Good things that happened in the world during 2020

Sometimes it feels like only bad things are happening in the world, especially so this year. So here are some good things that happened during 2020!


The Stockholm Police was in the wrong to force a Romanian woman, who begged outside a store in the capital, to move and then leave her several kilometres from where she was sitting. On October 23, the Parliamentary Ombudsman (JO) delivered its decision, which criticised the police and stated that their actions were against the law. In October 2018, we together with the Association Hem submitted a complaint to the Parliamentary Ombudsman (JO) against the police. Read more.

On January 23, Sweden’s Supreme Court announced its verdict, approving Girjas Sami village’s claim against the Swedish State for land and water rights. The ruling is a historic win for Girjas Sami village. Civil Rights Defenders welcomes the Supreme Court’s ruling as a step in the right direction for stronger protection of Sami rights. Read more.

Foto: Saami flag, Tromsø Norway / anjči (wikimedia) / CC BY 2.0


While 2020 brought unique challenges to civil society, NGOs and initiative groups demonstrated inspiring resilience. Despite the pandemic, the annual festivals QueerFest in St. Petersburg and OpenArt in Moscow found new ways to bring the LGBTI+ community and wider public together to learn, discuss, and raise awareness about LGBTI+ rights in Russia. Read more.


Nothing has been the same in Belarus 2020. The massive protests against President Lukashenko have attracted worldwide attention. Belarusian human rights defender Ales Bialiatski, who was named Civil Right Defender of the Year 2014, received the Right Livelihood Award this year for his work on democracy and human rights. Read more.

Ales Bialiatski at Right Livelihood Foundation’s seminar “Voices in Belarus that cannot be silenced”. Watch the webinar in full here. Photo: Stina Stjernkvist.


Last year, Colombian environmental activist and Natalia Project participant Angela Maldonado received death threats against her because of her work in the Amazon. She sought support through the Civil Rights Defenders Emergency Fund. With our help, she was able to move to a safe place and from there continue her important work. This year, she was awarded the National Geographic Buffet Award for Leadership in Conservation in Latin America, a prestigious award and a recognition of her work.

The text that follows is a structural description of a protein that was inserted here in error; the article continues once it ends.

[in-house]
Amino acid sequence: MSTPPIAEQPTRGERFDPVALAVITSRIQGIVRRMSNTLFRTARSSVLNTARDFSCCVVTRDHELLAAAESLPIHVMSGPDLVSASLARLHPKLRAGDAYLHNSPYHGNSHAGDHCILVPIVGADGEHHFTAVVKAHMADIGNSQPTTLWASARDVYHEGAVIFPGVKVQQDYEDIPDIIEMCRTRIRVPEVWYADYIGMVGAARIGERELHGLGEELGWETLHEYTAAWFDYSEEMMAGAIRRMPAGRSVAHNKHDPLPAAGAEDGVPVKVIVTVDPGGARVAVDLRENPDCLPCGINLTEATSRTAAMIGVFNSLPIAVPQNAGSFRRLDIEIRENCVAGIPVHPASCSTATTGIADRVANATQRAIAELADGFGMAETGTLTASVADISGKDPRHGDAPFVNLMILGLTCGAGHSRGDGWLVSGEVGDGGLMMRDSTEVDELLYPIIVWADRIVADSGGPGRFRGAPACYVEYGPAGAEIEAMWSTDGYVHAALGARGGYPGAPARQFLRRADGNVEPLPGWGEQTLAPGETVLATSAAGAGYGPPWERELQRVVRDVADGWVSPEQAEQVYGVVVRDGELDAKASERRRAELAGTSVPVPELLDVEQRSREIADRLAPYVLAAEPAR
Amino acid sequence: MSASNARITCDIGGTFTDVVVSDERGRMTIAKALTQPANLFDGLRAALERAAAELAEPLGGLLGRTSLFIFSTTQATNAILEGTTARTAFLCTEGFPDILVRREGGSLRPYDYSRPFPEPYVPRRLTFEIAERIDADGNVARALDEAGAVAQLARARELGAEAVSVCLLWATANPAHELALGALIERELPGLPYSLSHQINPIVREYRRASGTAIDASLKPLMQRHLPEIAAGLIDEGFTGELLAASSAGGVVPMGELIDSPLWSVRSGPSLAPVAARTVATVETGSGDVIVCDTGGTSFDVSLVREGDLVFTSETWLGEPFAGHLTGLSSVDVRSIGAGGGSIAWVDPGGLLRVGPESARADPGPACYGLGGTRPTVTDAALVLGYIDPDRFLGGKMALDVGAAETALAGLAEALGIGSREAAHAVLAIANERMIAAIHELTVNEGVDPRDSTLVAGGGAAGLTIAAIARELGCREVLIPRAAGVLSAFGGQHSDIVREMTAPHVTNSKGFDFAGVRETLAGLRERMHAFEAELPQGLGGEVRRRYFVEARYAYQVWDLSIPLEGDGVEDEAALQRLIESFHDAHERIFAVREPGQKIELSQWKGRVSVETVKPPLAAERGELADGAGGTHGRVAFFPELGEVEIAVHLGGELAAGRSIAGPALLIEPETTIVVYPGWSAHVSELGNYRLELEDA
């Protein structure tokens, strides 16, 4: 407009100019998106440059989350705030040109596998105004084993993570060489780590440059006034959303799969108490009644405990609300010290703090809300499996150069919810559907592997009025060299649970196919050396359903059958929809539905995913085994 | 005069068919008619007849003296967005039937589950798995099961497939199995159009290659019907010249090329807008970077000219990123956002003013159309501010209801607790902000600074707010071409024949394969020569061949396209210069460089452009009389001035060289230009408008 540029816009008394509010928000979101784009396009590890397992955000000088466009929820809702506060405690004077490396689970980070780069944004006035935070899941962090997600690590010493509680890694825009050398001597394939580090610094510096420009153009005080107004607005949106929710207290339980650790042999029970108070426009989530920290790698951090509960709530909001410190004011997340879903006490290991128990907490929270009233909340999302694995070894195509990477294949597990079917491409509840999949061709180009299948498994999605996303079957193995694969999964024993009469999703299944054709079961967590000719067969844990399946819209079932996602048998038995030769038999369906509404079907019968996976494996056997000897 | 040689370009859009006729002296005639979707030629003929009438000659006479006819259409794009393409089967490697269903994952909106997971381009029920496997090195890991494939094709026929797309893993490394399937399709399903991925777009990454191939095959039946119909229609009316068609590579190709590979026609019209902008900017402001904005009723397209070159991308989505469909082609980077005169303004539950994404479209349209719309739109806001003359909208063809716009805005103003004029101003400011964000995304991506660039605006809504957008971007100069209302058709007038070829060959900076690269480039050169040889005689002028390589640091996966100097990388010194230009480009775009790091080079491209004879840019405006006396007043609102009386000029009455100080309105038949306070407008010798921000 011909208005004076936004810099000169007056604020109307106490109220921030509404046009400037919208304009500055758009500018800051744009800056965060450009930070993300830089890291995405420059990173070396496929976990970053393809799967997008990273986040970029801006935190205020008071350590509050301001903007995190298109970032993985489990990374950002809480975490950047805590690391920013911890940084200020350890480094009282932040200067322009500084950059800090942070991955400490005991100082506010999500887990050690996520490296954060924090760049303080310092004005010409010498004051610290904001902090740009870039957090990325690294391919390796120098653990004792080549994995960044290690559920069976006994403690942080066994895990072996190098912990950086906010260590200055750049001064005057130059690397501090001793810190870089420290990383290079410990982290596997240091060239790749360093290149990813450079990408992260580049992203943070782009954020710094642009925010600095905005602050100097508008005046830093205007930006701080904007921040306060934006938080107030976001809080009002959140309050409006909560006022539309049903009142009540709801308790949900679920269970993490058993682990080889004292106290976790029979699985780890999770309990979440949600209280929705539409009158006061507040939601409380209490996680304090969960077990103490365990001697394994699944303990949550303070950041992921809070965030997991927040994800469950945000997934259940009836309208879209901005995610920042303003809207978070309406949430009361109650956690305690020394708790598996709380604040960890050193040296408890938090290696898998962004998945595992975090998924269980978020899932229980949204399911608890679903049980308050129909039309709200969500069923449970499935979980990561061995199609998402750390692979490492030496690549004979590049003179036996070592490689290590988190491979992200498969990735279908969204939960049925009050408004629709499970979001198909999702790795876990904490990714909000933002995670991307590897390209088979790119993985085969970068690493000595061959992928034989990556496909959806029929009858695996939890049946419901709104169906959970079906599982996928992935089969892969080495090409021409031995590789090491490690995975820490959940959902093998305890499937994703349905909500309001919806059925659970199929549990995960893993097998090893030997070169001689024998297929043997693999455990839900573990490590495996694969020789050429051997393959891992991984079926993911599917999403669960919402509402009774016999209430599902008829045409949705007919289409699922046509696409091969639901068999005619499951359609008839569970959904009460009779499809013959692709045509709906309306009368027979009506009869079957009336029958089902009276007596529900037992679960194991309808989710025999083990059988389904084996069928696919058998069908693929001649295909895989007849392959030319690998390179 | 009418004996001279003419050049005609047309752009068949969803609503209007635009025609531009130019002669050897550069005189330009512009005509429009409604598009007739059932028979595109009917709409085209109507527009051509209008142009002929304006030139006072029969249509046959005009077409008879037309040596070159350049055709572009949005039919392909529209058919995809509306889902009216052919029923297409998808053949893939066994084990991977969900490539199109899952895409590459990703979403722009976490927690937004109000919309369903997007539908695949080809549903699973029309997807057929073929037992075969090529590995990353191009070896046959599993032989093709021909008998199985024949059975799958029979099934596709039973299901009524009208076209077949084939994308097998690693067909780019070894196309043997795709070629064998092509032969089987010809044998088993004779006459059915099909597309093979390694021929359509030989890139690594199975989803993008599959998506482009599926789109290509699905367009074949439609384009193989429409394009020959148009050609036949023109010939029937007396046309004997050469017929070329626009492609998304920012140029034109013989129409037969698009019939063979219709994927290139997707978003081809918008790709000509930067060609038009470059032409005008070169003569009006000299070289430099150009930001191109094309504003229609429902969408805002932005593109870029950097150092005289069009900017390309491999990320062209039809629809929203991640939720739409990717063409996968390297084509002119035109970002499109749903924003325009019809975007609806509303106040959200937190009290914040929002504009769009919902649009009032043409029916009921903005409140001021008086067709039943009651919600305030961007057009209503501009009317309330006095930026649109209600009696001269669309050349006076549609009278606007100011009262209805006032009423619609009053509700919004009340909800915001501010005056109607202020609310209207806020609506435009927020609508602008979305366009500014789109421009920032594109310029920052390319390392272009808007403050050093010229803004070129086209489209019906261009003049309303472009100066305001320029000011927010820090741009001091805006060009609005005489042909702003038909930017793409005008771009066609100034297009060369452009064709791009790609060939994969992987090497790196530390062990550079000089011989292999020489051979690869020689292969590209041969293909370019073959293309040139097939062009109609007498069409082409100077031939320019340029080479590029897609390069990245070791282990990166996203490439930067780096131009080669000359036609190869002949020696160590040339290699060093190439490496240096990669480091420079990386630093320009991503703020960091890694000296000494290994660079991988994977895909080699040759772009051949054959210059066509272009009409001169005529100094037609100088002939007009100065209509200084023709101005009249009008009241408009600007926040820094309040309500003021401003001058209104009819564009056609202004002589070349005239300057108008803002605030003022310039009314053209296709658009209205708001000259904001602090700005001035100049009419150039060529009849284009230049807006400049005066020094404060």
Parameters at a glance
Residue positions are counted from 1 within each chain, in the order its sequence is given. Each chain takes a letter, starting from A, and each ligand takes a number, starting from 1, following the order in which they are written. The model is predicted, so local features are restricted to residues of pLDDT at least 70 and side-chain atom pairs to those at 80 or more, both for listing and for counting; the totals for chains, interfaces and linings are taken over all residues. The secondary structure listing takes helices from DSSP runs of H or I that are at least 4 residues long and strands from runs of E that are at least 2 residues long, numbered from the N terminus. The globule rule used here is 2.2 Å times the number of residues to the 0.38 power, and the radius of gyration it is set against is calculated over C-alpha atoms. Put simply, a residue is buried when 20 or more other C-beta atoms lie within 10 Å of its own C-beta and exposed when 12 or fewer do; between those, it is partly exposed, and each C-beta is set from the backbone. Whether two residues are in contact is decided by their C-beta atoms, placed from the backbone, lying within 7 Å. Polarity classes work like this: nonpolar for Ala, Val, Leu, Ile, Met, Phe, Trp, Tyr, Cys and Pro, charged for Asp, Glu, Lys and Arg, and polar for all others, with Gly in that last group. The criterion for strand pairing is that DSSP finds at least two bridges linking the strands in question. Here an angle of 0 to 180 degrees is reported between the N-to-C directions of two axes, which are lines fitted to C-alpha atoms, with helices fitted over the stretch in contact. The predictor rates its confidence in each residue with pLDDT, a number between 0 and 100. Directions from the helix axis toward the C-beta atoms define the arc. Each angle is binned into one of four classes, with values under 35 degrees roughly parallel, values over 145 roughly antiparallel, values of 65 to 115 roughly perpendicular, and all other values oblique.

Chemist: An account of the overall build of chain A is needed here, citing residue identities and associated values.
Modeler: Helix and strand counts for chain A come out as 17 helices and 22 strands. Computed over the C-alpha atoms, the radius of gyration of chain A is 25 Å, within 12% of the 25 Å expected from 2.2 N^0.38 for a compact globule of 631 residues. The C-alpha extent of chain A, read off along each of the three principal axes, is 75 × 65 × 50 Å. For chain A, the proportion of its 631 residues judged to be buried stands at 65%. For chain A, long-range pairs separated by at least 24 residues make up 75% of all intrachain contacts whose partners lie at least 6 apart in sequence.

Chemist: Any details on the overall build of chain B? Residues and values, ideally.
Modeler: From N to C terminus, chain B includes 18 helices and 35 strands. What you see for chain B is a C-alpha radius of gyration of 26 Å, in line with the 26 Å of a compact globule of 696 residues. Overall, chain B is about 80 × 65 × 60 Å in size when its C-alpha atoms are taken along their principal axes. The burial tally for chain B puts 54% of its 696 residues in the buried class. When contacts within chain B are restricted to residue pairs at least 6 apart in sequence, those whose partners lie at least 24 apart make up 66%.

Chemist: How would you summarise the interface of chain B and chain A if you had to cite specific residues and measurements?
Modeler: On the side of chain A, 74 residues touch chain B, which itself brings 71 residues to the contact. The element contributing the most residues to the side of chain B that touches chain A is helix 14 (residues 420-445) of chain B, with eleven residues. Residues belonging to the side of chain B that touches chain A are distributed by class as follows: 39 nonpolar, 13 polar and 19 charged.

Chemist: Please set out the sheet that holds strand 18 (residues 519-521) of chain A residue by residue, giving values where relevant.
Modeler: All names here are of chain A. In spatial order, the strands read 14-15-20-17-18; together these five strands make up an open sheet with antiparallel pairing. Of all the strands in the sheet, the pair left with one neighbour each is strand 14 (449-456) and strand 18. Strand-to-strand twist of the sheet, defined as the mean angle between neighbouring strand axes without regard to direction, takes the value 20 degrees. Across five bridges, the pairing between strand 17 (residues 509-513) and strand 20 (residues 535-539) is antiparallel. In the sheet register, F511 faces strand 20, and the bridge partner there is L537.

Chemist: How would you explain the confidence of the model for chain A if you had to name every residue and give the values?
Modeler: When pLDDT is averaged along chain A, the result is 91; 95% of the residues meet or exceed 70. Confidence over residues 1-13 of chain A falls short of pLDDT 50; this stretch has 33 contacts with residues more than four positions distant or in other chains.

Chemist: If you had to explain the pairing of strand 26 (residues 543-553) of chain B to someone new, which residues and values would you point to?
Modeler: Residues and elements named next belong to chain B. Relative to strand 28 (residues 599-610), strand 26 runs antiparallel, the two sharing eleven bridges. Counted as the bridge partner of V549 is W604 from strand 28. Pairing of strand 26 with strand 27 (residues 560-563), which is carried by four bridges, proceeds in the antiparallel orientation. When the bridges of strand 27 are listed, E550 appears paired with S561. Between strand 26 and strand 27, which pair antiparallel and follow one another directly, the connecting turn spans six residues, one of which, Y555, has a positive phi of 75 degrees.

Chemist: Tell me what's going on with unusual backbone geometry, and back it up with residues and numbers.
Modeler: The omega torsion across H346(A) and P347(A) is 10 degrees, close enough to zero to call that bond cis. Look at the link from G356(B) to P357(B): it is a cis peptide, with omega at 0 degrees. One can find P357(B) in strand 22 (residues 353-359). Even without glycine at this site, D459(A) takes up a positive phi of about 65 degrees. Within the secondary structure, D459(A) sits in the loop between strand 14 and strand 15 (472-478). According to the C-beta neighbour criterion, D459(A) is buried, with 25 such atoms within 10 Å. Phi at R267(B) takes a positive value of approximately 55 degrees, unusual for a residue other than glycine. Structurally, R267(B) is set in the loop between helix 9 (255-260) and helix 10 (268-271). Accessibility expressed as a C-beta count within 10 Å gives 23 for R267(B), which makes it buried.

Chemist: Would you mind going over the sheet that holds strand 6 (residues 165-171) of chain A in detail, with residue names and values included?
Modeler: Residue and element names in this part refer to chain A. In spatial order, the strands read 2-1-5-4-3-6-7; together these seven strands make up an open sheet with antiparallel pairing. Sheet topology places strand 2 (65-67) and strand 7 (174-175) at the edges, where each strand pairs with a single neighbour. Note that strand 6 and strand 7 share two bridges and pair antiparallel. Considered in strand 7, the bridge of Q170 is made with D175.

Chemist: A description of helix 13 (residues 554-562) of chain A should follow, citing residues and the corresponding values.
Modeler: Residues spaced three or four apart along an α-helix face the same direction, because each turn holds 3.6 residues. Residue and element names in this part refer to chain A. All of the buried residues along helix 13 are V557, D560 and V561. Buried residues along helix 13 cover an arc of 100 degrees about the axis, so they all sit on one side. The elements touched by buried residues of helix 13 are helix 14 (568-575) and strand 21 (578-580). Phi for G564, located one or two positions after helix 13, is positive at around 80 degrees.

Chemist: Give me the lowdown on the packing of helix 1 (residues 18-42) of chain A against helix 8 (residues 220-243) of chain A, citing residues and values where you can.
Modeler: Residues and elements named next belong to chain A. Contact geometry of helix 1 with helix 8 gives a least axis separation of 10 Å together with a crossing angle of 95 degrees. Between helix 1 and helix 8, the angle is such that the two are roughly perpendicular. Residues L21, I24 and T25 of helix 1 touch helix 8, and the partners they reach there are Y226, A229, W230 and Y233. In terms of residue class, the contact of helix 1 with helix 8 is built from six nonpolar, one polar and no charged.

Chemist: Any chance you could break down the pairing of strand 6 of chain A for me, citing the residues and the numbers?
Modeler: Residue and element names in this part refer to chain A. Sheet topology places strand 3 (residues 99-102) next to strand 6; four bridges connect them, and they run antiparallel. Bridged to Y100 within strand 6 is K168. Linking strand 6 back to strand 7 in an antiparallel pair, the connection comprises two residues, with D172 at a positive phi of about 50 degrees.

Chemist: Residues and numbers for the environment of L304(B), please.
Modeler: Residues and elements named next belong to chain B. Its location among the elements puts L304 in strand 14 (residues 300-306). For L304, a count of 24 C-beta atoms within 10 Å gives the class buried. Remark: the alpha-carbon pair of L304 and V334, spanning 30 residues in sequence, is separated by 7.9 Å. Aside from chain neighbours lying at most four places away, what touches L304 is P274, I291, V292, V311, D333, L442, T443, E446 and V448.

Colombian environmental human rights defender and Natalia Project participant receives National Geographic Award. Photo: Alex Rufino. 


In Thailand, we saw how student-led demonstrations against the power of the military and the royal family gained momentum in 2020. During the year, the demonstrations grew in strength and the commitment continues until today. What we see in Thailand is in many ways the beginning of a new type of protest movement. The demonstrators are young people, with no clear links to the political camps that have long dominated Thai politics. They have a clear democracy agenda and they are not afraid to use humour or creative methods to engage with those in power – they are a generation that demands change.


In December 2020, the Burmese democracy activist was awarded the Civil Rights Defender of the Year Award 2020. Naw Ohn Hla received the award in recognition of her over a 30-year long struggle for justice and accountability in a country where violence, ethnic discrimination, and systemic repression are widespread. Because of her work, she has become a has been subjected to threats and arbitrary imprisonment. Despite this, she refuses to give up. Read more.

Photo: Civ Naw Ohn Hla is awarded the 2020 Civil Rights Defender of the Year Award for her human rights work. Photo: Civil Rights Defenders/Hkun Li. il Rights Defenders/Hkun Li.

Africa/Defenders’ Database

During 2020, Civil Rights Defenders worked together with nine regional partner organisations to successfully launch the Defenders’ Database in Africa. The tool gives human rights defenders an opportunity to document political injustice, discrimination against LGBTI+ persons, violence in connection with elections, and other human rights abuses. This information is key to holding perpetrators to account. “The tool is efficient to capture violations of civil rights defenders and its easy to generate reports out of it. In my opinion, it’s an essential tool that all civil rights defenders should have,” said one of the users.

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